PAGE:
Workers in the North West still £35 a week worse off than before the crash, says TUC

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New official figures published today (Wednesday) by the Office for National Statistics (ONS) show that workers in the North West are still £35 a week worse off than they were before the financial crash, according to the TUC.

The ONS figures show that in 2016 real wages in the North West were 6.4% below their 2008 level.

With inflation predicted to overtake wage growth in 2017, the TUC is worried that another living standards crisis is on the horizon.

TUC Regional Secretary Lynn Collins said: “Many families in our region still haven’t recovered from the financial crash. The last thing they need is another hit to their pay packets.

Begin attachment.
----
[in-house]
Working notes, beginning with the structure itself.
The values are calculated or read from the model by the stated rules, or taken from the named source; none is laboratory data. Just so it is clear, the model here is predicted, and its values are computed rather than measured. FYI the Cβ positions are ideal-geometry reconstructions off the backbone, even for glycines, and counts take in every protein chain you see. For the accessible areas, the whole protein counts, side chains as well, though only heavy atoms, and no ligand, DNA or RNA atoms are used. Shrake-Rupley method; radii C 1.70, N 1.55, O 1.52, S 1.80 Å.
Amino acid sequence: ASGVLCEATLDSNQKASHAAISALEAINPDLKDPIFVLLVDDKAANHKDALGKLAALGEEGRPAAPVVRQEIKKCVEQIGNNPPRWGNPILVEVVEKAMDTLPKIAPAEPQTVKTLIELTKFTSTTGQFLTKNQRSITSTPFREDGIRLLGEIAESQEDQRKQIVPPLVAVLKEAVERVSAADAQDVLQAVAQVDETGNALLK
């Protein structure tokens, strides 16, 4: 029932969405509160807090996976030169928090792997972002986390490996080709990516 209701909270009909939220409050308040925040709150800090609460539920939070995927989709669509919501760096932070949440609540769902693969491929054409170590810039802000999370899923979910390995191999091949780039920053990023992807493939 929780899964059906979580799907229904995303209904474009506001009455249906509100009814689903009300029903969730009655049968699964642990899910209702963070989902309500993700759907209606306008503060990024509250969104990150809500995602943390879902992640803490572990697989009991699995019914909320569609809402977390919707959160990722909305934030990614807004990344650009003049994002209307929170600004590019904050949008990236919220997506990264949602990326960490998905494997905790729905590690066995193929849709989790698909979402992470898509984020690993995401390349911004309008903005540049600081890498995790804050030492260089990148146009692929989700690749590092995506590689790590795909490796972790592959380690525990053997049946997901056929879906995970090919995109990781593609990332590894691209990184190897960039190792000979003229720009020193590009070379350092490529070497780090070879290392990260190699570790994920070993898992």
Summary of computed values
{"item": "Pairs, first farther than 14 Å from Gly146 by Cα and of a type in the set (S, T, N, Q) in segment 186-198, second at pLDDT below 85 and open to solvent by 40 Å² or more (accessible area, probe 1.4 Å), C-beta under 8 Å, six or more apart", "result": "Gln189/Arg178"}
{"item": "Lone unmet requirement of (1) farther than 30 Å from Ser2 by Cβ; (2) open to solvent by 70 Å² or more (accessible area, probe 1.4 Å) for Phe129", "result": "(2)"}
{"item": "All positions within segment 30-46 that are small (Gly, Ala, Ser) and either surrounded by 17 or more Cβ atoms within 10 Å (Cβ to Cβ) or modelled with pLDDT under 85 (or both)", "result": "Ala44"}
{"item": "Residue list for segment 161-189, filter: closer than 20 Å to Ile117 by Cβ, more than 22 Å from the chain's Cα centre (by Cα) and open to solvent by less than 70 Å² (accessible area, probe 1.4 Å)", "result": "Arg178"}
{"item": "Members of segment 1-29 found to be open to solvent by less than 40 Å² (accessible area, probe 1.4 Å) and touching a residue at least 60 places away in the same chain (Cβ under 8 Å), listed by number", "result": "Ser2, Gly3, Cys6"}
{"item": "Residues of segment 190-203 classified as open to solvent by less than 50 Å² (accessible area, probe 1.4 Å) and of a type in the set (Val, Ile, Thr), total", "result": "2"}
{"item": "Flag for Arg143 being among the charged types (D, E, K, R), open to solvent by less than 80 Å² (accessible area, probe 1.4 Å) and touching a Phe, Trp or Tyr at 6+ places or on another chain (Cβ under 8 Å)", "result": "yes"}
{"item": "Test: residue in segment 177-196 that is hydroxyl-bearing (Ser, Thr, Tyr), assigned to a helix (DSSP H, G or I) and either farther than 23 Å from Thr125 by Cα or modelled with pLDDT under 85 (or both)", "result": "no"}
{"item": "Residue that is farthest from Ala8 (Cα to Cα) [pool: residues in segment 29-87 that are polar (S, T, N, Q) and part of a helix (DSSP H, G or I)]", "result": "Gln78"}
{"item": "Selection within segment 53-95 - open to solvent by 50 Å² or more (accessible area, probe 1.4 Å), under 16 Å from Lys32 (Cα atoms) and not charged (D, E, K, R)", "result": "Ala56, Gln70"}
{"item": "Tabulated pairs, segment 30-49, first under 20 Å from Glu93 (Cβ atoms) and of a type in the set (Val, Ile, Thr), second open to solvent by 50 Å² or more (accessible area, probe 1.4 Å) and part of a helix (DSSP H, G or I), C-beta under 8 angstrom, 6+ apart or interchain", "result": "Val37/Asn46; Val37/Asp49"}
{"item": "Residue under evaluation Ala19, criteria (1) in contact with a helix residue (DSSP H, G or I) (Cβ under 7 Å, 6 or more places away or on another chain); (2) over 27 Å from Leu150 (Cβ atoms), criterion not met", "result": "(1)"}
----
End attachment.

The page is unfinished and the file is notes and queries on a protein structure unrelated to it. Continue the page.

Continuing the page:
“But with inflation set to outstrip wages next year, we are on the cusp of another living standards crisis.

“The government must do all it can to prevent this by investing in our roads, railways and homes. This will help create the kind of decent jobs that people can live on.

“And the Chancellor must protect low-paid workers by continuing to increase the minimum wage.”

NOTES TO EDITORS:

- The calculations are based on median gross weekly earnings for full time employees, from Table 12 of ‘ASHE 1997 to 2016 selected estimates’ dataset. An adjustment has been made for the change of industrial classification from 2011. Prices effects are removed using the government’s preferred CPI measure of annual inflation for April of each year through to April 2016.

Change from 2008 to 2016 in £ per week

Change from 2008 to 2016 in %

North East

-11

-2.2

North West

-35

-6.4

Yorks and the Humber

-35

-6.5

East Midlands

-51

-9.6

West Midlands

-32

-6.0

East of England

-37

-6.5

London

-64

-8.7

South East

-30

-5.1

South West

-32

-5.9

Wales

-12

-2.4

Scotland

-21

-3.8

Northern Ireland

-10

-1.9

UK

-36

-6.2


 

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